Women fans don't worry about dress codes at the World Cup

Soccer news Dec 16, 2022

Daniela Crawford, a Brazilian soccer fan making the trip to Qatar for the World Cup, was concerned about the country's more strict clothing standards. Like many other women in the competition, she claimed to have had a positive experience, nevertheless.

Before last week's quarterfinal match between Brazil and Croatia, Crawford, wearing shorts, said, "In Brazil people are accustomed to it, but we came here and chose to demonstrate how we are." The family was photographed in front of the Brazilian flag outside Doha's Education City Stadium.

An Arab and Muslim country has never before hosted the World Cup. Before the event, international visitors were urged by the Qatari government, FIFA, and their respective national governments to adhere to local norms regarding women's attire and alcohol use.

Many female fans who spoke to The Associated Press expressed relief that their fears had been unfounded, saying they had only had to make modest alterations to their attire. While some felt threatened, several residents of Qatar expressed gratitude for the country's tough alcohol prohibitions. Conversely, Qatar is promoting the event as a chance to change people's perceptions of women in the country.

Most women in Qatar's traditional society wear the headscarf and long, flowing robes in public. More than 2 million foreign workers live there, considerably outnumbering the roughly 300,000 residents. Thus the country is not unfamiliar with foreign ladies.

Bernie Ragay, a Filipina who has lived and worked in Qatar for the last eight years, says the nation is "safer than my country." She wore a crop top and remarked that it was OK if people knew the limits.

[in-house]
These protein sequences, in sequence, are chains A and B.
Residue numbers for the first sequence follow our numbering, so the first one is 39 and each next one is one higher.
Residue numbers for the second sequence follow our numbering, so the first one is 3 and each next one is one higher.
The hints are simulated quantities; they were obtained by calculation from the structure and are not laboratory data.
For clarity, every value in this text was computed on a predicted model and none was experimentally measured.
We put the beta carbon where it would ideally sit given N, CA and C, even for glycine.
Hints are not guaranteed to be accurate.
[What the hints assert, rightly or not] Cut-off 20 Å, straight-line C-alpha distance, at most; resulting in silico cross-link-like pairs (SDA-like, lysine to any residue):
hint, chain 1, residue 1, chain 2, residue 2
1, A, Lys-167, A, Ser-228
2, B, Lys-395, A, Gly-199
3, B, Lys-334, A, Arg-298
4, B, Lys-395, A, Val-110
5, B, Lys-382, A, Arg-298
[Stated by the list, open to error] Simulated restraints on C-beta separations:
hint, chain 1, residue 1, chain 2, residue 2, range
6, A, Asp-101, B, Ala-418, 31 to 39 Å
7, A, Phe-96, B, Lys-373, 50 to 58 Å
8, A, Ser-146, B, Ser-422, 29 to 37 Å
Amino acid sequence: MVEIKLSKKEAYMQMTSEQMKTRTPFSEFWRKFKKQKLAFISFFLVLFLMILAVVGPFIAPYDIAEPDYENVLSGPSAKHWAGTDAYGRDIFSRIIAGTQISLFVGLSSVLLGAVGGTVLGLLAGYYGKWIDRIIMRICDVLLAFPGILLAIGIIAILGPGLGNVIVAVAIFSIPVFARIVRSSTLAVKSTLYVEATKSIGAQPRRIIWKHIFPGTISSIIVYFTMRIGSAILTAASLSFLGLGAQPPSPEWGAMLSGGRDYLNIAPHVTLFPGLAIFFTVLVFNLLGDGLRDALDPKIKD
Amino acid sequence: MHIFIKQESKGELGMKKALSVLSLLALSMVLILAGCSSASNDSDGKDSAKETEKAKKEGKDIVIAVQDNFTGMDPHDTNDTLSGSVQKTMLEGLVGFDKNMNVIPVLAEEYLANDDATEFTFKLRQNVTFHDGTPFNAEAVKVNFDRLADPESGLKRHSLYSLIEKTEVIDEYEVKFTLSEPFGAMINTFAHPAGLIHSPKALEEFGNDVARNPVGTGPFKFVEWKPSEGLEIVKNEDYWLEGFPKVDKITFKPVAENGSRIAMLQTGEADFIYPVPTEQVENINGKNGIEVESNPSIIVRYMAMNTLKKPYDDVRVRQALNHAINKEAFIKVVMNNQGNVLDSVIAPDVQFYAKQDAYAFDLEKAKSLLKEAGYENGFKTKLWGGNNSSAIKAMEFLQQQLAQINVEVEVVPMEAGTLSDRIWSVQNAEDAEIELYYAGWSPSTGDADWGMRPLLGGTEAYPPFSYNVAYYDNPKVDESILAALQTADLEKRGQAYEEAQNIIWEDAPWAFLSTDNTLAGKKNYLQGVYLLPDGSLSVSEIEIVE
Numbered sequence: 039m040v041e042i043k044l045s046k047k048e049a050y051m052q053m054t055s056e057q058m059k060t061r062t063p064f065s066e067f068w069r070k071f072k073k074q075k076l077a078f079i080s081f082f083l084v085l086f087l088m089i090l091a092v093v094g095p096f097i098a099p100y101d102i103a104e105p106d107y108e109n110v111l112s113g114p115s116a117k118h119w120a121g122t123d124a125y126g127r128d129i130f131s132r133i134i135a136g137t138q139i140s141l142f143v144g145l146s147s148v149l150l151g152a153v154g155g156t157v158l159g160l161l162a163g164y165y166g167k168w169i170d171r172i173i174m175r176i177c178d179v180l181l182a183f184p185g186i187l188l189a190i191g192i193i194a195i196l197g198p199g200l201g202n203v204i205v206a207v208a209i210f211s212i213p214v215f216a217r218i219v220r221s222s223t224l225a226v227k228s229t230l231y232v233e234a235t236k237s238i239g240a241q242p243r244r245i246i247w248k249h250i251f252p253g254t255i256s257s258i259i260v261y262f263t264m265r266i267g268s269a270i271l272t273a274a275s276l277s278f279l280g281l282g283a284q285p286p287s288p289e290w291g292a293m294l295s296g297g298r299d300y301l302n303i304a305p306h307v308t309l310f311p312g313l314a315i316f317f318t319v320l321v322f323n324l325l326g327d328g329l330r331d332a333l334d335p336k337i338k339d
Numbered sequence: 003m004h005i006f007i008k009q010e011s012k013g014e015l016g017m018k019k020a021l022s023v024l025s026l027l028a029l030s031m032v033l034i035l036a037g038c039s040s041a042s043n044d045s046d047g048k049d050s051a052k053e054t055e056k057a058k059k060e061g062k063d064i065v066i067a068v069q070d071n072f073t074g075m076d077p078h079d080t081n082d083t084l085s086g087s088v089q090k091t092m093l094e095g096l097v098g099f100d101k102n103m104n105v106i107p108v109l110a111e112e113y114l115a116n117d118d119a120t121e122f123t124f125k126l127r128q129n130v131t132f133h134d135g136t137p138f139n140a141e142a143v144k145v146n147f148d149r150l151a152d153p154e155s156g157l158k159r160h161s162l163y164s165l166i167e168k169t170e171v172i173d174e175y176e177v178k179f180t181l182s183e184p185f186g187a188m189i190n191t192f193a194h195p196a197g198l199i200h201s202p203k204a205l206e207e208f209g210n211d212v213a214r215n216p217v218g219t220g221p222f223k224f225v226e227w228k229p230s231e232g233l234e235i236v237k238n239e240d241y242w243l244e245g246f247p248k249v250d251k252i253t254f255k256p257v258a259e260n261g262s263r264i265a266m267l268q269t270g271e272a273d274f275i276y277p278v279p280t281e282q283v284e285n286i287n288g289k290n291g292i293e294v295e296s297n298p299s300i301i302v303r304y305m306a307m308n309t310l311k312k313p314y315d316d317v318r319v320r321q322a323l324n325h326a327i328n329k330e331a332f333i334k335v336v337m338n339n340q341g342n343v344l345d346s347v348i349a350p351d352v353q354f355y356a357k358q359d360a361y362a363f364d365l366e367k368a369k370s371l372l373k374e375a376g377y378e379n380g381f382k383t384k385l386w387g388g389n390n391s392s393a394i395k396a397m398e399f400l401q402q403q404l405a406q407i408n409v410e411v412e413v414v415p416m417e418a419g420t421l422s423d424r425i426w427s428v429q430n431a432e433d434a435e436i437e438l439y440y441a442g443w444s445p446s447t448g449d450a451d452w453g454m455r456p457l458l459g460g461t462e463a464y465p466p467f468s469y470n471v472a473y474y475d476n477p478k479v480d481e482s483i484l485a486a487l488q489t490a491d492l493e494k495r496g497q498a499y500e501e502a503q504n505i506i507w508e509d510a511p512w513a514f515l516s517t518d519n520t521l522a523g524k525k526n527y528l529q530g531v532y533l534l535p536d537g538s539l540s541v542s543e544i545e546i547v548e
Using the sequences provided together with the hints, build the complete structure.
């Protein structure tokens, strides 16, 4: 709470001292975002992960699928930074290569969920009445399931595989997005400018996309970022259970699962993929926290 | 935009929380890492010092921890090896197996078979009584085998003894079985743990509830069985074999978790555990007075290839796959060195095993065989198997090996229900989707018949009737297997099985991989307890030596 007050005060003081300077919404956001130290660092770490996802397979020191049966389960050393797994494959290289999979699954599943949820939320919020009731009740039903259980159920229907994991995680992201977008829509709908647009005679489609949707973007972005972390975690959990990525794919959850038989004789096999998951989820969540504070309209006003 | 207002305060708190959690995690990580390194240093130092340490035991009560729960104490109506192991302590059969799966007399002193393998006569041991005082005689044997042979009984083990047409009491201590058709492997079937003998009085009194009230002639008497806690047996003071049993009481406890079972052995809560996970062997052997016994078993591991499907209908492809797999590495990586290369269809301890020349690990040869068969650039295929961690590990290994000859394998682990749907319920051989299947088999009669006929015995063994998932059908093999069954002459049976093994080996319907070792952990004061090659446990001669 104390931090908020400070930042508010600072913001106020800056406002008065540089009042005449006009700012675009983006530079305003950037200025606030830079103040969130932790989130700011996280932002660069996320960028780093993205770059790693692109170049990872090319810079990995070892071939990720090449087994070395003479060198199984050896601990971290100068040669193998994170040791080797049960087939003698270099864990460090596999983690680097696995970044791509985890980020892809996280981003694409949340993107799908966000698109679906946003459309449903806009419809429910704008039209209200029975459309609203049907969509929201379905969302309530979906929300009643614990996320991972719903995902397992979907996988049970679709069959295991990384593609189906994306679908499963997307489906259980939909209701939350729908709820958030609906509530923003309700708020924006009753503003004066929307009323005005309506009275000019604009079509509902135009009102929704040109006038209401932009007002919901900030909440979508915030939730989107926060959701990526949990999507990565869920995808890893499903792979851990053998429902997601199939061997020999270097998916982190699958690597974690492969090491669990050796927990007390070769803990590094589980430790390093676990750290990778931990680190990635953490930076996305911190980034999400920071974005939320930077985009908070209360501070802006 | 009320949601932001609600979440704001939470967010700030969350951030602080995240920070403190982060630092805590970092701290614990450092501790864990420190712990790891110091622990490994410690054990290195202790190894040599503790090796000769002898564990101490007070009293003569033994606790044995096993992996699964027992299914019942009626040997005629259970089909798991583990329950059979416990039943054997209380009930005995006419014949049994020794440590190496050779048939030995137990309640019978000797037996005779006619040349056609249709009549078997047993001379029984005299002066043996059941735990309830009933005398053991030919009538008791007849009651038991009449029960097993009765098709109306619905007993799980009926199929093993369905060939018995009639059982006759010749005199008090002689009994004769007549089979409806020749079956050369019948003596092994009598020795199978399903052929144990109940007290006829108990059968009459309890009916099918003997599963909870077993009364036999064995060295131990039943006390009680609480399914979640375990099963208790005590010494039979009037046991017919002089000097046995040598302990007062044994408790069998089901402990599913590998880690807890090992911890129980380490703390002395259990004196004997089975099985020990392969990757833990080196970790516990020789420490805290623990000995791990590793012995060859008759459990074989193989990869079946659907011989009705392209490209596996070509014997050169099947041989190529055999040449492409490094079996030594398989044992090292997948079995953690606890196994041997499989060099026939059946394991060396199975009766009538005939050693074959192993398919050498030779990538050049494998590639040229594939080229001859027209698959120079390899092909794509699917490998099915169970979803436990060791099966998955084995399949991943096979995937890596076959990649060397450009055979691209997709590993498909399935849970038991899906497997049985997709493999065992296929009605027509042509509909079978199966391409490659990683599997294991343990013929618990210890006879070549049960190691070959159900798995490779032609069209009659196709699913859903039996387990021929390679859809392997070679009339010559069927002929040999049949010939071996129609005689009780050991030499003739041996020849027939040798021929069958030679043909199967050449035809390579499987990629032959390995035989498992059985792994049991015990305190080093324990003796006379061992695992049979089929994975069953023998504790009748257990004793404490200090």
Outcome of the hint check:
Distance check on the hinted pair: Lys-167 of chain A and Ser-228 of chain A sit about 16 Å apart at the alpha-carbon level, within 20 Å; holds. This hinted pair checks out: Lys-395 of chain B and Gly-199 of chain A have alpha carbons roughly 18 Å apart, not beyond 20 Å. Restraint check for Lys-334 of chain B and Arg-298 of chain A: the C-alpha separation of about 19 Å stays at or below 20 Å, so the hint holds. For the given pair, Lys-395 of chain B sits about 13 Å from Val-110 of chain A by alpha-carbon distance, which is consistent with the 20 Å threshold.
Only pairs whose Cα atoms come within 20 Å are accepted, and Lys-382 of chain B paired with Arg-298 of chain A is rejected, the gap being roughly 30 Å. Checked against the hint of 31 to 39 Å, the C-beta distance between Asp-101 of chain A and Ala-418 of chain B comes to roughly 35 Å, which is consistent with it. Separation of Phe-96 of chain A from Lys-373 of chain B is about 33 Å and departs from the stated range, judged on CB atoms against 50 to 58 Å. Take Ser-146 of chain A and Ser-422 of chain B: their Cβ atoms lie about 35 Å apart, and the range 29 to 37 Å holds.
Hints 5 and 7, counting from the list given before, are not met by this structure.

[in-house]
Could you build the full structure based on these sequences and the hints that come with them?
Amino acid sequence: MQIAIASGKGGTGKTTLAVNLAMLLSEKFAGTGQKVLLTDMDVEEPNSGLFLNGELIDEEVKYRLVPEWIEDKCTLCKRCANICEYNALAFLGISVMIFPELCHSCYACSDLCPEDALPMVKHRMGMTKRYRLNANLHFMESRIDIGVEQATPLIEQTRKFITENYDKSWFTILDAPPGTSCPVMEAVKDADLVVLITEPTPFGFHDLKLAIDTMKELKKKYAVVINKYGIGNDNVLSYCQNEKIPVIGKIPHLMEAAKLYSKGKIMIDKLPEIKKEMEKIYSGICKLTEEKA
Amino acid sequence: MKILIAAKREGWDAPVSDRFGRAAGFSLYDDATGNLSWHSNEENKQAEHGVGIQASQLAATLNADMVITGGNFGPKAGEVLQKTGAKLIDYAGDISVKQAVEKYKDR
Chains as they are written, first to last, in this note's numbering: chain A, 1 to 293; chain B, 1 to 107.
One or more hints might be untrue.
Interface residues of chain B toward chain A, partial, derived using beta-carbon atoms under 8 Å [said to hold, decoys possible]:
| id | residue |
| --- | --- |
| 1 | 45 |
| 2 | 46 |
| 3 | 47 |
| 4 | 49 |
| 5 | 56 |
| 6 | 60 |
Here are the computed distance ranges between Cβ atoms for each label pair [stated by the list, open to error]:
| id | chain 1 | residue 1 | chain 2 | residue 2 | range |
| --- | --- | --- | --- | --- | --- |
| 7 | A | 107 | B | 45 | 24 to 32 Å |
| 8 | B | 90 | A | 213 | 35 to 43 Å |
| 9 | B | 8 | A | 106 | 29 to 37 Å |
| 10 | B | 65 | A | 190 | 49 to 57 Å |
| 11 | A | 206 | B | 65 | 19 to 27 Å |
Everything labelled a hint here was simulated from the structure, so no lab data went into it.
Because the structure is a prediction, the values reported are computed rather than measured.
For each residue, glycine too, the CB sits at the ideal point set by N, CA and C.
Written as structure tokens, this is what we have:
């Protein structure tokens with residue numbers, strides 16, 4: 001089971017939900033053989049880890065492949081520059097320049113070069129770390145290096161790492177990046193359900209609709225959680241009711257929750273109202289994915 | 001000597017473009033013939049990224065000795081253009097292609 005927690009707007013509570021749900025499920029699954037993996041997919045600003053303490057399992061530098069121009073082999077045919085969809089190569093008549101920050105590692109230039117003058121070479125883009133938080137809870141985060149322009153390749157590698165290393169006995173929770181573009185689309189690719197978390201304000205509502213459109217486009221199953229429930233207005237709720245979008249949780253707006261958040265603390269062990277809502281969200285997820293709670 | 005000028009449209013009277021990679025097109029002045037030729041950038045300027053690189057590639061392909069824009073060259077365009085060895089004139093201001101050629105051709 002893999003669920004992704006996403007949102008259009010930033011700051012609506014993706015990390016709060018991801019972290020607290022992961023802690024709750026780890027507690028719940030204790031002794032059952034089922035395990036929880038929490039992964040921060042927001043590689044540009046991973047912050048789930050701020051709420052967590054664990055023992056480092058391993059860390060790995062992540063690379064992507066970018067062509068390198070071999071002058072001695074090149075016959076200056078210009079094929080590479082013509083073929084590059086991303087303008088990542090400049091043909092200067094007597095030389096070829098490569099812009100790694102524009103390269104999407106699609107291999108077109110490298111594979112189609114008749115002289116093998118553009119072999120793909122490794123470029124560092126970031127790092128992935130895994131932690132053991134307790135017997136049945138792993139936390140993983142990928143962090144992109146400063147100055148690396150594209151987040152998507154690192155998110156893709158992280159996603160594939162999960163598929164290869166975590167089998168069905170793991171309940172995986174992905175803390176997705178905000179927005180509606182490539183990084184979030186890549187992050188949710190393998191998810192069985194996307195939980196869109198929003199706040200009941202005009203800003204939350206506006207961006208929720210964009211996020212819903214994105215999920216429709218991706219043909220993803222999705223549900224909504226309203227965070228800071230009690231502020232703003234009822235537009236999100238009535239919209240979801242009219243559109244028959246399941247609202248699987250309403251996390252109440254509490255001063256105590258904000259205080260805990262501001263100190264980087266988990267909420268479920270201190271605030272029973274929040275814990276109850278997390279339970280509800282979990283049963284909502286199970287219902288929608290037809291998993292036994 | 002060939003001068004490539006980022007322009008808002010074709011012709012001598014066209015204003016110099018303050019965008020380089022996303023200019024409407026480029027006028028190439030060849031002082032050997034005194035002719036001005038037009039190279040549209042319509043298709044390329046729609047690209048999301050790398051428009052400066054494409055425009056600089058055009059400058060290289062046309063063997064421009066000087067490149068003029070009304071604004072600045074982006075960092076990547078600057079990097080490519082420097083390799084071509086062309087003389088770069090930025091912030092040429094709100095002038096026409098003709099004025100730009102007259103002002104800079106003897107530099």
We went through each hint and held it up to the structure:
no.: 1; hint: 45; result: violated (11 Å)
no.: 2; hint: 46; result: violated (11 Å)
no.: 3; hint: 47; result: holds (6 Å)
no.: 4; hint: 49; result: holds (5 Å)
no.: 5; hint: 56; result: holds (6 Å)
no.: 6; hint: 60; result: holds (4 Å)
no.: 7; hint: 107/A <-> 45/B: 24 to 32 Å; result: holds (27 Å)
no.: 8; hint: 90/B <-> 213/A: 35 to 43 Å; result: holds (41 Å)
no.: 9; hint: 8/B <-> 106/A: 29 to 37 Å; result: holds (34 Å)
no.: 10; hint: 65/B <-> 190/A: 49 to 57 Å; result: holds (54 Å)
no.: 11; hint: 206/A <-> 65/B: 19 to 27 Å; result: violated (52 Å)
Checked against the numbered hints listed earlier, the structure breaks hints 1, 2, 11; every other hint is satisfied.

If you're going to go about here without a back, you can't expect to get away with it" (outfit). What she meant was, "You have to respect their culture."

Isabeli Monteiro, 32, a cheerleader for Brazil, said she wore skirts rather than shorts and had no problems. "We don't get any kind of attention, which is great considering we're at a World Cup full of people from all around the world with their own unique traditions."

According to Fatma Al Nuaimi, the tournament's Supreme Committee's (SC) spokesman, many women, including those in leadership roles, helped organize the World Cup.

She expressed her desire that the event would have a lasting impact by altering people's perceptions about women in the area.

She said that "a lot of people truly have a misunderstanding,", particularly about women's roles in Qatar and the region. Those who visit Qatar may see that "women do have rights and women are genuinely being empowered," she remarked.

Qatar has said that empowering women in the Gulf state is a top priority. Many accomplished women are working in government and academia, including three ministers. Sheikha Moza bint Nasser al-Missned, the emir's mother, is a well-known activist and one of the most well-known women in the Arab world.

When compared to other Arab countries, Qatar has one of the highest percentages of female literacy and education. Nearly all children in Qatar, including boys and girls, attend basic school, and the proportion of women in higher education is double that of males.

Despite this, the nation has consistently ranked near the bottom of the World Economic Forum's Global Gender Gap Report for years. This report measures the disparity between the number of women and men in several fields, including politics, the workforce, and healthcare.

In particular, rights groups have highlighted laws that mandate a man's consent before a woman can leave the country or tie the knot, and they have also noted that women often need the consent of a male guardian before they can work or receive certain forms of reproductive health care, such as pap smears.

According to official figures, the percentage of working Qatari women has been steady at about 37% in recent years. The number of Saudi women employed has increased rapidly recently, from 14% in 2019—one of the lowest in the region—to roughly 27% this year.

Director of the FIFA Fan Festival in Doha Mead El-Amadi said the women working on the event would serve as role models for those women interested in working in the sports industry.

"Football is a male-dominated sport across the world," she said. However, she reassured the audience that the male organizers were fully behind the female organizers "to make this happen and to make the world look at us today, delivering this great event."

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